The Bible Poem

On Thursday the 11th, as we sat talking to Mother…some one asked for Miriam. She went down, and presently I heard her thanking somebody for a letter…I ran back, and sitting at Mother’s feet, told her Miriam was coming with a letter from Lydia. “Mother! Mother!” a horrible voice cried, and before I could think who it was, Miriam rushed in, holding an open letter in her hand, and perfectly wild. “George is dead!”, she shrieked, and fell heavily to the ground.

-“A Confederate Girl’s Diary” by Sarah Morgan Dawson

The Farming Daughter: The Bible Poem (https://thefarmingdaughter.com/2015/10/26/the-bible-poem/)
Photo by Emily Ann Putzke

While now we think of handwritten letters mainly as a quaint form of correspondence, during the Civil War letters were much more important. Letters were cables of communication connecting apprehensive families at home with their men far away at war. They were lifelines of relief, reassuring anxious mothers that their boys had survived the deadly battle. And all too often letters were the messengers of death, telling the sad tale of the fallen. Imagine waiting, possibly for weeks, between letters, never knowing what those sheets of paper would contain when they arrived.

I wrote this poem to include in a Civil War letter I was writing to a friend. I was inspired by the common practice of sending the remaining possessions of the dead back to the their families. Usually a letter would be written to a family by the deceased man’s commanding officer or comrade. The letter would explain the news of his death, and often times contain some trinket from the departed. A silver watch, a last letter, a lock of golden hair, a brass coat button, all offering one last tangible link with the loved one who had died, and was probably buried hundreds of miles away.

I also wanted this poem to depict the sentiments of death and dying held by most people in the 19th century, while also reflecting my own personal faith. Somewhat unconsciously I explored and juxtaposed the widely differing effect words have. How strange that the same twenty-six characters can be arranged to plunge a heart into the depths of despair, or raise their souls in glorious hope! I hope you enjoy reading The Bible.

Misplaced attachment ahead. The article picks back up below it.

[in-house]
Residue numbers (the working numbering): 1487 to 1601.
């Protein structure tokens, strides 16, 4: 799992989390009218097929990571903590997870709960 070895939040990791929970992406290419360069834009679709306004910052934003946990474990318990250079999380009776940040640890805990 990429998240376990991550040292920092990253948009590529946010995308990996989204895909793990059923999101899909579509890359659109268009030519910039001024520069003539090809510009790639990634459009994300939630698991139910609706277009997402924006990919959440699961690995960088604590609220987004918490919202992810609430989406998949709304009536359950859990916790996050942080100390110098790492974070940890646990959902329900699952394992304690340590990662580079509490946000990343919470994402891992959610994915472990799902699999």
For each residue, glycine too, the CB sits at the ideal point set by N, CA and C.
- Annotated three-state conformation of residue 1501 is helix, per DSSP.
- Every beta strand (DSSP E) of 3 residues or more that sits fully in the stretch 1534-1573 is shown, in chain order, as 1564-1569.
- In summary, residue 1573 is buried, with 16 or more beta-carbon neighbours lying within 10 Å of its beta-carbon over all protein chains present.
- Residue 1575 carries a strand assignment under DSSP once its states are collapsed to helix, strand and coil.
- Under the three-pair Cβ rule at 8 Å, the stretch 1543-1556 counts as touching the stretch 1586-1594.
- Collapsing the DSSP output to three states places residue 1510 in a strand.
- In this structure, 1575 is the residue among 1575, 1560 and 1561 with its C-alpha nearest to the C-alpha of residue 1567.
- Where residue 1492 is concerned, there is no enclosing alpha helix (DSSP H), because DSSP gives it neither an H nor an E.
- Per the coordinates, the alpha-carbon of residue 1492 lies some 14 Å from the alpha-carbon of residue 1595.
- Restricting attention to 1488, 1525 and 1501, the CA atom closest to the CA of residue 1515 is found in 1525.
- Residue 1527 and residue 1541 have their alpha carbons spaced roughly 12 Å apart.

The Bible

 

With bloodless white lips and ashen pale cheek

She took the small bundle, unable to speak

As cold premonition’s sharp claws gripped her throat

She steadied herself and read the short note

 

The letter was writ in a thick, unknown hand

And she sank to a chair, unable to stand

For Joseph, her dearest, ‘midst the thick storm of lead

Had not conquered triumphant, but was struck down instead

 

She glanced at her hand and the dainty gold ring

How bitter the blow and full cruel the sting!

That cut down their hopes so recent in bloom

Now laid like her sweetheart in the black of the tomb

 

Intensely, but softly she wept in her grief

And the rivulet of tears found no relief

Her thin shoulders shook and she let out a moan

As she thought of her Joe dying unaided, alone

 

At last, sorrow spent, she shuddered a sigh

And chancing a look down something appeared in her eye

In her haste she had forgot that in the bundle was more

And when sorrow struck, it had dropped to the floor

 

Curious, she picked up the ponderous thing

And gently unloosed its wrap of paper and string

And lo! In her lap fell a small leather book

That she herself bought and with him Joe took

 

Tenderly she stroked the cover, smooth from much use

And fingered the thin pages that were starting to loose

A few of the leaves were smudged black with powder

And she thought of him reading as the cannon boomed louder

 

Tucked ‘tween the pages she found something there

A photograph of her image and a lock of her hair

These three treasured possessions that he carried always

On march, into battle, and in the last fray

 

Holding a passage was a silk ribbon of red

That she had pulled from her tresses, her heart full of dread

The marked verses were spotted with the salty tear’s stain

Mute evidence of the hope ‘midst the deep sorrow gained

 

And inscribed near the front in two simple lines

She read what she had written in happier times

“I commend thee to God, Joseph my love,

We shall soon meet again, or else meet above.”

 

These simple words, the work of her pen

Like bread on the water had come back again

For God knew the hour, the minute, the day

When her Joe would be taken and carried away

 

Then the promise of the Lord gave strength to her heart

And she knew those in Christ would not long be apart

For on that bright morning when the last trumpet will sound

The dead will arise, and the lost will be found.

 

-Michaela Richmond

October 20, 2015

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